The Legal Profession Blog reports that a New Jersey lawyer Donald Bedell Jr. has been reprimanded for forging two clients’ signatures on releases for an unauthorized settlement, appending his own signature as a “witness,” and then attesting that both clients had appeared before him to sign.
Not suspended. Not disbarred. Reprimanded.
In giving the attorney what amounts to a slap on the wrist for a text-book example of attorney dishonesty implicating trustworthiness, the Court said it considered as mitigating factors…
“…respondent’s admission of wrongdoing; his acceptance of responsibility for his actions; his expression of sincere contrition and genuine remorse; his apology to Malzone and Hibberd; his “serious health problems” at the time (cavernous transformation of portal and splenic vein with established thrombosis), which necessitated at least two surgeries; the unlikelihood that his conduct would be repeated; the isolated nature of the incident; the absence of personal gain; the lack of injury to the clients; and the lack of a disciplinary record.”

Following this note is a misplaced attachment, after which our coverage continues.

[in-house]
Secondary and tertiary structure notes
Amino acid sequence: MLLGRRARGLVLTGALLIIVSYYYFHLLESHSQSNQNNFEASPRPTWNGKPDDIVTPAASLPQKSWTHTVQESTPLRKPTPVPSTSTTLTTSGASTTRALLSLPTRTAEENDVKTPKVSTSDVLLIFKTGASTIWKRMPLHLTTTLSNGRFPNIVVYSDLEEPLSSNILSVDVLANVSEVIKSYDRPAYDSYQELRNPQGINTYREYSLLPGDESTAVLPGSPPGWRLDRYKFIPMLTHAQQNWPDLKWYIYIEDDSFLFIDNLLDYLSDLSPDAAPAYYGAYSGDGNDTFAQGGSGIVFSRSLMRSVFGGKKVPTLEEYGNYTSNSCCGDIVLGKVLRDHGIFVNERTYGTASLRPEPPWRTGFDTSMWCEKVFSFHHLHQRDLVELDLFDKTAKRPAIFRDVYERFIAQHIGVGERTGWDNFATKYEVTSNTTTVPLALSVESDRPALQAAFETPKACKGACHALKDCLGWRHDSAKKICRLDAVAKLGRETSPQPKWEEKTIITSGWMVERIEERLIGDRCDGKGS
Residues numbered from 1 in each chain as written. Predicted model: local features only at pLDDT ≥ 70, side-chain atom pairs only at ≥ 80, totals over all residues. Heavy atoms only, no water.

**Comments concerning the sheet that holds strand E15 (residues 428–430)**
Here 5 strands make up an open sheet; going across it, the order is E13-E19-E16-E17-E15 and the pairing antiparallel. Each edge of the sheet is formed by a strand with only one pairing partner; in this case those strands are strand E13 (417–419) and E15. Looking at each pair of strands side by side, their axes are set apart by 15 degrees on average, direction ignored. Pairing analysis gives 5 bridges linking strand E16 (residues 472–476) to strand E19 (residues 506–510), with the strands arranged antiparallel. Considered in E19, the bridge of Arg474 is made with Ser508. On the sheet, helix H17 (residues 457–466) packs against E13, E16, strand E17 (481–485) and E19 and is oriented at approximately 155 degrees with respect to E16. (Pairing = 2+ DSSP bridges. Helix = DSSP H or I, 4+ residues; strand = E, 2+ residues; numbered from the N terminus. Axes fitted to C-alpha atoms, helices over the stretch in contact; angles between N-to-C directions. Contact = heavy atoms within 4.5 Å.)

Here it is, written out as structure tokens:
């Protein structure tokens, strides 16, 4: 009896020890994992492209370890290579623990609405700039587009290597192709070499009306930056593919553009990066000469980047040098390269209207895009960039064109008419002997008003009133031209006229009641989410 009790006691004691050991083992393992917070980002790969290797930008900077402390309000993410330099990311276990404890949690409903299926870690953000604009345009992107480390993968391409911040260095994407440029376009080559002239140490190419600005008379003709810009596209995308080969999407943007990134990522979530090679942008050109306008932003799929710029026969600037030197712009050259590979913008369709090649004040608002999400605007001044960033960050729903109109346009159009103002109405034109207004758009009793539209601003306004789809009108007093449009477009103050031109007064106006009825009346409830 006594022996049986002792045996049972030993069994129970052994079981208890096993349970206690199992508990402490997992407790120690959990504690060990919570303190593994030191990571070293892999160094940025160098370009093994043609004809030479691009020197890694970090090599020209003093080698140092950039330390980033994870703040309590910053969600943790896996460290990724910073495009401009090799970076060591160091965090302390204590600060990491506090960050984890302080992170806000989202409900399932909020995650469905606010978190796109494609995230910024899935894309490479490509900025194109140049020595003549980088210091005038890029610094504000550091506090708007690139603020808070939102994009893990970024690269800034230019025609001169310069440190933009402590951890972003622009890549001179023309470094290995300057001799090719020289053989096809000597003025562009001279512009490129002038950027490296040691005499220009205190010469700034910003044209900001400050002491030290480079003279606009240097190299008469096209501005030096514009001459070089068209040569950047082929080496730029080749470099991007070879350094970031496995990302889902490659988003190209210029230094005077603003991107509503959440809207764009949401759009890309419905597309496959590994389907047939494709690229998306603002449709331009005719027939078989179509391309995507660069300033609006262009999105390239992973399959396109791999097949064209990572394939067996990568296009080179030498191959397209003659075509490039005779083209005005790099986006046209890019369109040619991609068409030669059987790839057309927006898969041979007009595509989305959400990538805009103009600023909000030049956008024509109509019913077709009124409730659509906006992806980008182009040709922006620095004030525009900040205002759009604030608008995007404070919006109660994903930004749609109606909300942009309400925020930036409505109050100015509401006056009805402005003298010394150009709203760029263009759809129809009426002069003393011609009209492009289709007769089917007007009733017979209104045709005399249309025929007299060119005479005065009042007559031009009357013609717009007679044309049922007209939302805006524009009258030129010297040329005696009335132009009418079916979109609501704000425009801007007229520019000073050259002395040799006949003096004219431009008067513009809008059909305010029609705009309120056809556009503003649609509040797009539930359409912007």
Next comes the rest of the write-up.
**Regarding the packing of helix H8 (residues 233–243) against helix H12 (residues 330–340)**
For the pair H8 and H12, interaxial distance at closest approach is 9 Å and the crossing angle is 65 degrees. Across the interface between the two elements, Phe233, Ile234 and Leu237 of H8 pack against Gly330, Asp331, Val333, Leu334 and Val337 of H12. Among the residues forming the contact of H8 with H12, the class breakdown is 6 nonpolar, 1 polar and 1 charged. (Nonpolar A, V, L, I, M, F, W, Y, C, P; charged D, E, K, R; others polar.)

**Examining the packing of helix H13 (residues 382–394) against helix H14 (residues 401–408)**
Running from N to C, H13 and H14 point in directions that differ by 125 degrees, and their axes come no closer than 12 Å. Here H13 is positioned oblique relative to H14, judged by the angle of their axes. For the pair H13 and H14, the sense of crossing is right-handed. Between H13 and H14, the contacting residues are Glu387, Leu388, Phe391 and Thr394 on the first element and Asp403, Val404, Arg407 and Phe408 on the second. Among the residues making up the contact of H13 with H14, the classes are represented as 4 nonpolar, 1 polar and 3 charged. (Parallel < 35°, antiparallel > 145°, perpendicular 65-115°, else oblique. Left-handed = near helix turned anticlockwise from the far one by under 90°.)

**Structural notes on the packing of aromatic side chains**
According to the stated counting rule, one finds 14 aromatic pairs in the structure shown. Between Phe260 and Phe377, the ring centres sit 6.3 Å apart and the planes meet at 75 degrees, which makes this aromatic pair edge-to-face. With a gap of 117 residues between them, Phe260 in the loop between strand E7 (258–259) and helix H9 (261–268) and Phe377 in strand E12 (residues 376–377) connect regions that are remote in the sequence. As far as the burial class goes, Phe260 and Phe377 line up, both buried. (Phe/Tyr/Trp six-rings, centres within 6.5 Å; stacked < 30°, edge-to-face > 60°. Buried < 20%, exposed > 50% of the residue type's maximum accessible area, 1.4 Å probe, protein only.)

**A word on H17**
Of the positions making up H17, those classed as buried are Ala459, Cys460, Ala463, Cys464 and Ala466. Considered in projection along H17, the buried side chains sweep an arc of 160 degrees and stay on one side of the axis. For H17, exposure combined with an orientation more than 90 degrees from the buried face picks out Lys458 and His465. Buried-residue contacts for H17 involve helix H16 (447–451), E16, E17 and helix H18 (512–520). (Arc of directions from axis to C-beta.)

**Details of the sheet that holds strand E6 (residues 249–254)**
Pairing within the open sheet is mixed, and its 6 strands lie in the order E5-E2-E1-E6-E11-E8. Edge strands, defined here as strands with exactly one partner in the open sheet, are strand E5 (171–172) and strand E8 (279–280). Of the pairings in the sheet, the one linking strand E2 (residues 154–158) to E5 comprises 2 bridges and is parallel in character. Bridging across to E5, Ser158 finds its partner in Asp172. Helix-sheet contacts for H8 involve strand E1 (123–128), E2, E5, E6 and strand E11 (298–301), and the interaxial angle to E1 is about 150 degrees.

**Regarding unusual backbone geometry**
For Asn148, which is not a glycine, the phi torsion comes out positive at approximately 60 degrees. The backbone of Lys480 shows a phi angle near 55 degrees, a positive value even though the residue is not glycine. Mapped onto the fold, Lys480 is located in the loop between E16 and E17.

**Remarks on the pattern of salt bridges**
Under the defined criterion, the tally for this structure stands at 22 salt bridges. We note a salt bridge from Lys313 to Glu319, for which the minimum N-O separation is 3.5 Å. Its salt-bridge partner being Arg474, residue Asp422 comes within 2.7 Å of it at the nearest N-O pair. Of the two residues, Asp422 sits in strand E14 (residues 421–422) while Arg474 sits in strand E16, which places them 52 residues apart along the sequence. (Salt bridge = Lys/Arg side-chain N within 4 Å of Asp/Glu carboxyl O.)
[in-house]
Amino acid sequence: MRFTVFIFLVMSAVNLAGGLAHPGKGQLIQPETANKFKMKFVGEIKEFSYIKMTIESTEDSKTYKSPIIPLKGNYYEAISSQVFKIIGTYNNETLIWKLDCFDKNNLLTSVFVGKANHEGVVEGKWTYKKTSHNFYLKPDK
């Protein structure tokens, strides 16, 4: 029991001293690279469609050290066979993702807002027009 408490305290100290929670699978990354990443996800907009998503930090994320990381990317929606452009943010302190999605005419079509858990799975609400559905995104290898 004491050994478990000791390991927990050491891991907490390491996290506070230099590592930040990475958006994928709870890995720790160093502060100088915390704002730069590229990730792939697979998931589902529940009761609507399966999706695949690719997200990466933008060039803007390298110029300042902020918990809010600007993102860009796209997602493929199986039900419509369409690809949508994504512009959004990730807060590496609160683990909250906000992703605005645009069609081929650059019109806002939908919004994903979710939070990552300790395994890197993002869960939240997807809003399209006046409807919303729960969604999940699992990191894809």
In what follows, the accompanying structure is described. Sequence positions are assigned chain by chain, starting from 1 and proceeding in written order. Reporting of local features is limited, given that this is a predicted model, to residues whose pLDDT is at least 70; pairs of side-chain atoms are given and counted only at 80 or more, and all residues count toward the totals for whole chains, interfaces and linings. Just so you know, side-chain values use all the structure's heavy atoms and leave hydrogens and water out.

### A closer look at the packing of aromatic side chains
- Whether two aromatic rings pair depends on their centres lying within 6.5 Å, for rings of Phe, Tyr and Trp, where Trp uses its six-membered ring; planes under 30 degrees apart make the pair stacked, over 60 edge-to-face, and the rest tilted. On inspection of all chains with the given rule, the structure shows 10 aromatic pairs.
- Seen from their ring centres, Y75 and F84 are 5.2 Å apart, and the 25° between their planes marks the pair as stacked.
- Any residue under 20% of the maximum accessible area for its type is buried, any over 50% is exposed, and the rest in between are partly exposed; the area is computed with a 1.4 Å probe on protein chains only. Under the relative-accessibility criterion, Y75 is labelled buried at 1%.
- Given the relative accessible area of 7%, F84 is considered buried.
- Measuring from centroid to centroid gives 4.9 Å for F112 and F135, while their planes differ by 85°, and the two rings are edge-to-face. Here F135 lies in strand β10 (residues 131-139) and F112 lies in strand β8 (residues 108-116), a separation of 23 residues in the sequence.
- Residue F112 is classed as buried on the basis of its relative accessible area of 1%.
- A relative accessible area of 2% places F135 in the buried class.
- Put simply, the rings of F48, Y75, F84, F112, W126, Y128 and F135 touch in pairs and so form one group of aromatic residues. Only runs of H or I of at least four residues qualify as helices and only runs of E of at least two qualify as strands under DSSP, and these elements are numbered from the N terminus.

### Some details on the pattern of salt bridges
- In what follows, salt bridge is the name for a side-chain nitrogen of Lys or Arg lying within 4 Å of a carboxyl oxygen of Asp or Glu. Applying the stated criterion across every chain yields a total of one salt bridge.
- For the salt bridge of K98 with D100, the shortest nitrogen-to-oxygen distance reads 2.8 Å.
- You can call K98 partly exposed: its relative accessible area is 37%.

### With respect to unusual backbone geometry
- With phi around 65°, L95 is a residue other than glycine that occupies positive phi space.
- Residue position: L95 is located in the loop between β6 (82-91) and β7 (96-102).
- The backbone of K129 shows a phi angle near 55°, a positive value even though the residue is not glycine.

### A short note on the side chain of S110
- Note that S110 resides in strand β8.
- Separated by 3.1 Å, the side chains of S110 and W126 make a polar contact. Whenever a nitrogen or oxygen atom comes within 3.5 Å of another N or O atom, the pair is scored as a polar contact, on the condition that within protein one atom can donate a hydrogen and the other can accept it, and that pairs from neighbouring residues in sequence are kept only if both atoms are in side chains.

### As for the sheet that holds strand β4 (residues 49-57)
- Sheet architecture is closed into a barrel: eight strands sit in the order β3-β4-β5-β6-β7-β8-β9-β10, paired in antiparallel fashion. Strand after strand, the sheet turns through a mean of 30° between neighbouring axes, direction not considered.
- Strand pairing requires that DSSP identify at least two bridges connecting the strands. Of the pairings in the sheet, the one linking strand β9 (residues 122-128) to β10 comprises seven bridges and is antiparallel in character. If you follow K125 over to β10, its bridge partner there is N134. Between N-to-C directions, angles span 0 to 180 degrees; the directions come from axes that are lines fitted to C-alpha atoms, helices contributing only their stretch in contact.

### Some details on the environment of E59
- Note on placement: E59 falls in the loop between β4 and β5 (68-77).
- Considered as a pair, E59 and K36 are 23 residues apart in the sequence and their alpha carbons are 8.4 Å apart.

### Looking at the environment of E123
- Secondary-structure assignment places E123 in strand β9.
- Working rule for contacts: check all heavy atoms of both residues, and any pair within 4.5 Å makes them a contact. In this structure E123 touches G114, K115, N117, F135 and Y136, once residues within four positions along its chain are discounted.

Of course he was sorry. Of course he apologized. All right, he was sick: how does a circulatory problem excuse dishonesty, unless blood wasn’t flowing to his brain? How the court is so sure a lawyer who forged the signatures of his clients once can be trusted not to do it again, I have no clue.
When legal reform advocates argue that lawyer discipline should be taken out of the hands of courts and lawyers, this is what they are talking about.
You can read the court’s ruling here.